I do remember coming from the Quay and the Tram used to fairly crawl up the grade and screech around the sharp curve into Phillip or MacQuarie streets whatever the route was then.

Compared to Melbourne, going for a ride on a Sydney Tram was like riding the Roller Coaster at Luna Park because you were either going up, down or around no matter where you went.
  simstrain Chief Commissioner

From my understanding of what altrac has presented. The Alstom X05's were supposed to be using batteries and quick charging at the actual tram stops along George street and not APS. Has this changed?
  simstrain Chief Commissioner

That's very interesting indeed and of course with today technology, this activating a 'Live Section' only when a Tram is covering it would ensure a greater safety margin.
And I would presume the area around the 'Live Rail' is suitably drained (although they claim it never rains in Sydney, unless its a deluge) to minimise any arcing.

Remembering the layout of Sydney but too long ago now to remember how the Trams of the day handled the grades, there is a fair drop from Central Station down to the Haymarket with a sharp rise to near the Town Hall which might be why they propose to run OHW in that area.
The grade from the Quay is long and rises steadily all the way to the Town Hall, but I did think there was a bit of a sharp rise from the Quay area to near the Dalley/Bridge St intersection though.
I do remember coming from the Quay and the Tram used to fairly crawl up the grade and screech around the sharp curve into Phillip or MacQuarie streets whatever the route was then.

Compared to Melbourne, going for a ride on a Sydney Tram was like riding the Roller Coaster at Luna Park because you were either going up, down or around no matter where you went.
gordon_s1942
There is a rise but it certainly isn't a sharp rise. Not Melbourne flat but also not a San Francisco hill. Although the climb up to moore park might be a bit steep.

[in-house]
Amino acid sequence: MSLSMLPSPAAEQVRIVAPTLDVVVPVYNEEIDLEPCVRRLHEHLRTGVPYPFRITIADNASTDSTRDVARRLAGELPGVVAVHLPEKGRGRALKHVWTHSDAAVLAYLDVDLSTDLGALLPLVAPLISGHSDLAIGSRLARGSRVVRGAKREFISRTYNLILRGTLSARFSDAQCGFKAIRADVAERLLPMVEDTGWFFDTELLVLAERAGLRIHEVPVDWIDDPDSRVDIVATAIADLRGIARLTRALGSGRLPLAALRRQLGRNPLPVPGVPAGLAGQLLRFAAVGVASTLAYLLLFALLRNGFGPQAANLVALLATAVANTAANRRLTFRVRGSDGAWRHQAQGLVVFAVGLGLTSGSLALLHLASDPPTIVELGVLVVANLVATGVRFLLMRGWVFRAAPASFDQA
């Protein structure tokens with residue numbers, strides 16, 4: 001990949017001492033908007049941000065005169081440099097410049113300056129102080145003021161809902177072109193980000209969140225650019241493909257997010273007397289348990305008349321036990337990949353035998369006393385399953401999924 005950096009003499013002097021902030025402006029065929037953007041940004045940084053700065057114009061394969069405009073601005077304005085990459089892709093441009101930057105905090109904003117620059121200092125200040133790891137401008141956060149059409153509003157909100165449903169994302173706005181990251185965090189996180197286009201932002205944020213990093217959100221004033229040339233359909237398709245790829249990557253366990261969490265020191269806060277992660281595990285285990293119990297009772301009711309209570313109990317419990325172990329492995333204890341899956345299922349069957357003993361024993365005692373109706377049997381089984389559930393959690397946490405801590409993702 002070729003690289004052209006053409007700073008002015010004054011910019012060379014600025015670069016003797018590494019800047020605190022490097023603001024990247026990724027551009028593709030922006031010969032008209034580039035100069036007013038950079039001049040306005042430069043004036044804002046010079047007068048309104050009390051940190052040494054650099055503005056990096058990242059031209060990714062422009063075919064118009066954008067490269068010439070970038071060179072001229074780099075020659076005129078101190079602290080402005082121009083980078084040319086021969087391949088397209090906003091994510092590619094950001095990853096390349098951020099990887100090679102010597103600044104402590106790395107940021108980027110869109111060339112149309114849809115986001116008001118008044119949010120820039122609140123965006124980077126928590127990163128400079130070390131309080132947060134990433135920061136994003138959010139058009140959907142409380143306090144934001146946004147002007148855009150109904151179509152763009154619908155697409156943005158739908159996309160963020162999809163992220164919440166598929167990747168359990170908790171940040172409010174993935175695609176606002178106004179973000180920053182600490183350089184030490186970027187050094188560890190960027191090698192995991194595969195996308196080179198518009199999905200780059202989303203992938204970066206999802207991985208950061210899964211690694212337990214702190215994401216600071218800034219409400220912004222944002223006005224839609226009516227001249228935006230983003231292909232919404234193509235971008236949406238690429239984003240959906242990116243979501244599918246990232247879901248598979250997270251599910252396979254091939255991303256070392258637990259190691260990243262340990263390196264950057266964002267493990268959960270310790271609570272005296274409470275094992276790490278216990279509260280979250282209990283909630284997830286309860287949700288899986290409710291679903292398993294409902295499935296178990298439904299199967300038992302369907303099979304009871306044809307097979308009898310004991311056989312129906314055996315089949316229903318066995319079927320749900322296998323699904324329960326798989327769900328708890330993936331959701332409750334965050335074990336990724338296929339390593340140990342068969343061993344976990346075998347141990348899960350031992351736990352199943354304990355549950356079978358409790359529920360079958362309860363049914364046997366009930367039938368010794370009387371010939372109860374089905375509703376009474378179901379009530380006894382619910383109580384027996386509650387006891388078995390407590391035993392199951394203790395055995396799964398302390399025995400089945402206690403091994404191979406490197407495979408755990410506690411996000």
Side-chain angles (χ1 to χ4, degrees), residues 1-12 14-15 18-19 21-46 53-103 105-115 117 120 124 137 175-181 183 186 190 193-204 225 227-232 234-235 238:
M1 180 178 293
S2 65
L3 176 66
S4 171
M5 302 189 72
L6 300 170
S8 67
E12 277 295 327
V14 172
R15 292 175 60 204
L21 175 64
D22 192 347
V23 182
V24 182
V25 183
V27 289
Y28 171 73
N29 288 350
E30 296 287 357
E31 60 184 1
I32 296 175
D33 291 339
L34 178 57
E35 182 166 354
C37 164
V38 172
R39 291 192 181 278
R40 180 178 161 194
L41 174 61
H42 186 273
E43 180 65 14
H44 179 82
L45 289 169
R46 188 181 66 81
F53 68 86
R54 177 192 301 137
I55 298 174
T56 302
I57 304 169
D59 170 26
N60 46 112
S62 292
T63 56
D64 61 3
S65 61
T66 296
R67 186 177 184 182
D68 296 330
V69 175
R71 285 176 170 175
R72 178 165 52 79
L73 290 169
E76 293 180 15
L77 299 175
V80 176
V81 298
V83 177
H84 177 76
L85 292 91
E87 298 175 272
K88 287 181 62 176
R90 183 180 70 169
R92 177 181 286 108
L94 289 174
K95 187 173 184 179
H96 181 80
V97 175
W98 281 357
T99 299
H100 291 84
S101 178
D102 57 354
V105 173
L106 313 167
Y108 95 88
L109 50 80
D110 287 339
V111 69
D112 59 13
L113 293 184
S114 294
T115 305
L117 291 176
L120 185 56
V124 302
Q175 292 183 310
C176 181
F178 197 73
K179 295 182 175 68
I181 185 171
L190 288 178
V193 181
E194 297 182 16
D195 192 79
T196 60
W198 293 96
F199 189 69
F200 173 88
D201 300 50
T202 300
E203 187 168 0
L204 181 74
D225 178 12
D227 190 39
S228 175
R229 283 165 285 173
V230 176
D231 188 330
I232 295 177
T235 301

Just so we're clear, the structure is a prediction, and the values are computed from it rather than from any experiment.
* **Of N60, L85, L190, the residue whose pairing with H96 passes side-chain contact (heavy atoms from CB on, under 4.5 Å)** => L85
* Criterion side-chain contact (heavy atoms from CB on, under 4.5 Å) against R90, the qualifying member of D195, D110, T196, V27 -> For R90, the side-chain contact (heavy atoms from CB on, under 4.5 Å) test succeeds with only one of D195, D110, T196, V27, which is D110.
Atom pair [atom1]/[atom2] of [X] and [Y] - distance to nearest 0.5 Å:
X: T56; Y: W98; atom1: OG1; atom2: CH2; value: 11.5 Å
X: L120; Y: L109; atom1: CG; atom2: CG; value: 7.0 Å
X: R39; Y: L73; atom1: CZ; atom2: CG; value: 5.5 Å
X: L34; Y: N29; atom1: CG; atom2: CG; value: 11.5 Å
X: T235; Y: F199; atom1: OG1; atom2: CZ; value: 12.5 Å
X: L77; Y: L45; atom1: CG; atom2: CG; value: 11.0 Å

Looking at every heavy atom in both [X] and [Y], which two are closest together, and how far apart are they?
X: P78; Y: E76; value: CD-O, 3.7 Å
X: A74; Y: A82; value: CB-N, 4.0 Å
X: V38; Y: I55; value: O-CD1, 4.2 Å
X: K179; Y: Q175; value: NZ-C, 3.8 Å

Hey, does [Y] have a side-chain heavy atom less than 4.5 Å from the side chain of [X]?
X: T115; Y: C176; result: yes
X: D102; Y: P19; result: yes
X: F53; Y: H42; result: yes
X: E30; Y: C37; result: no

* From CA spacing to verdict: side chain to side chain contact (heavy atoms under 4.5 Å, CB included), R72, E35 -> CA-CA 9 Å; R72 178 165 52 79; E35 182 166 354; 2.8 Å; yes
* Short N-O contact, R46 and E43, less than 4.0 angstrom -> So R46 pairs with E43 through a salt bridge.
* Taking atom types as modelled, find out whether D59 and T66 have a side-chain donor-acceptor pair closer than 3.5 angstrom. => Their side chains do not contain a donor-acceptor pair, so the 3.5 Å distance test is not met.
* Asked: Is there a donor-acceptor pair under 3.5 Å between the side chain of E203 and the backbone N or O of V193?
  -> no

Modern trams also have a bit more grunt then the old Sydney trams and the grades shouldn't be an issue. The Urbos 3's have no issues climbing up to Central Station.
  gordon_s1942 Chief Commissioner

Location: Central Tablelands of NSW
Bondi, Coogee and Watsons Bay along with 'Heart Break Hill' near Rose Bay used to make them strain somewhat.

I cant ever remember seeing a 'Toast Rack' on the Watson Bay Run but they sure did the run down to the pavilion at Bondi Beach.

3 years ago I walked DOWN the ramp to near Market Street as I didnt want to wait for a Taxi but rode back the next day coming home.
Last I waited and went by Taxi both ways.
  Matthew Chief Train Controller

From my understanding of what altrac has presented. The Alstom X05's were supposed to be using batteries and quick charging at the actual tram stops along George street and not APS. Has this changed?
simstrain
Alstom do not offer 'autonomous power' trams for locations with grades and/or heavy air conditioning requirements. Sydney has both. Hot muggy summers and a long grade up from the Quay.

TfNSW was always going to leave it 'to the market' to decide how to achieve the 'wirefree' specification. It was assumed this would mean batteries and fast-charging at the stops, but they left themselves open to other 'options'.

There was no way fully autonomous battery/supercap with fast charge at the stops was going to meet the required performance parameters.
The battery trams i've actually seen amble along at 10km/hr and spend a full minute at each stop 'topping up' their batteries. The CSELR would collapse with that sort of vehicle performance.

Insider leaks from Alstom indicated that they were intending to offer APS to Sydney from the start of the bidding process. They may have offered an autonomous operation option, but they would have made it clear that the only way to meet the performance criteria would be with APS.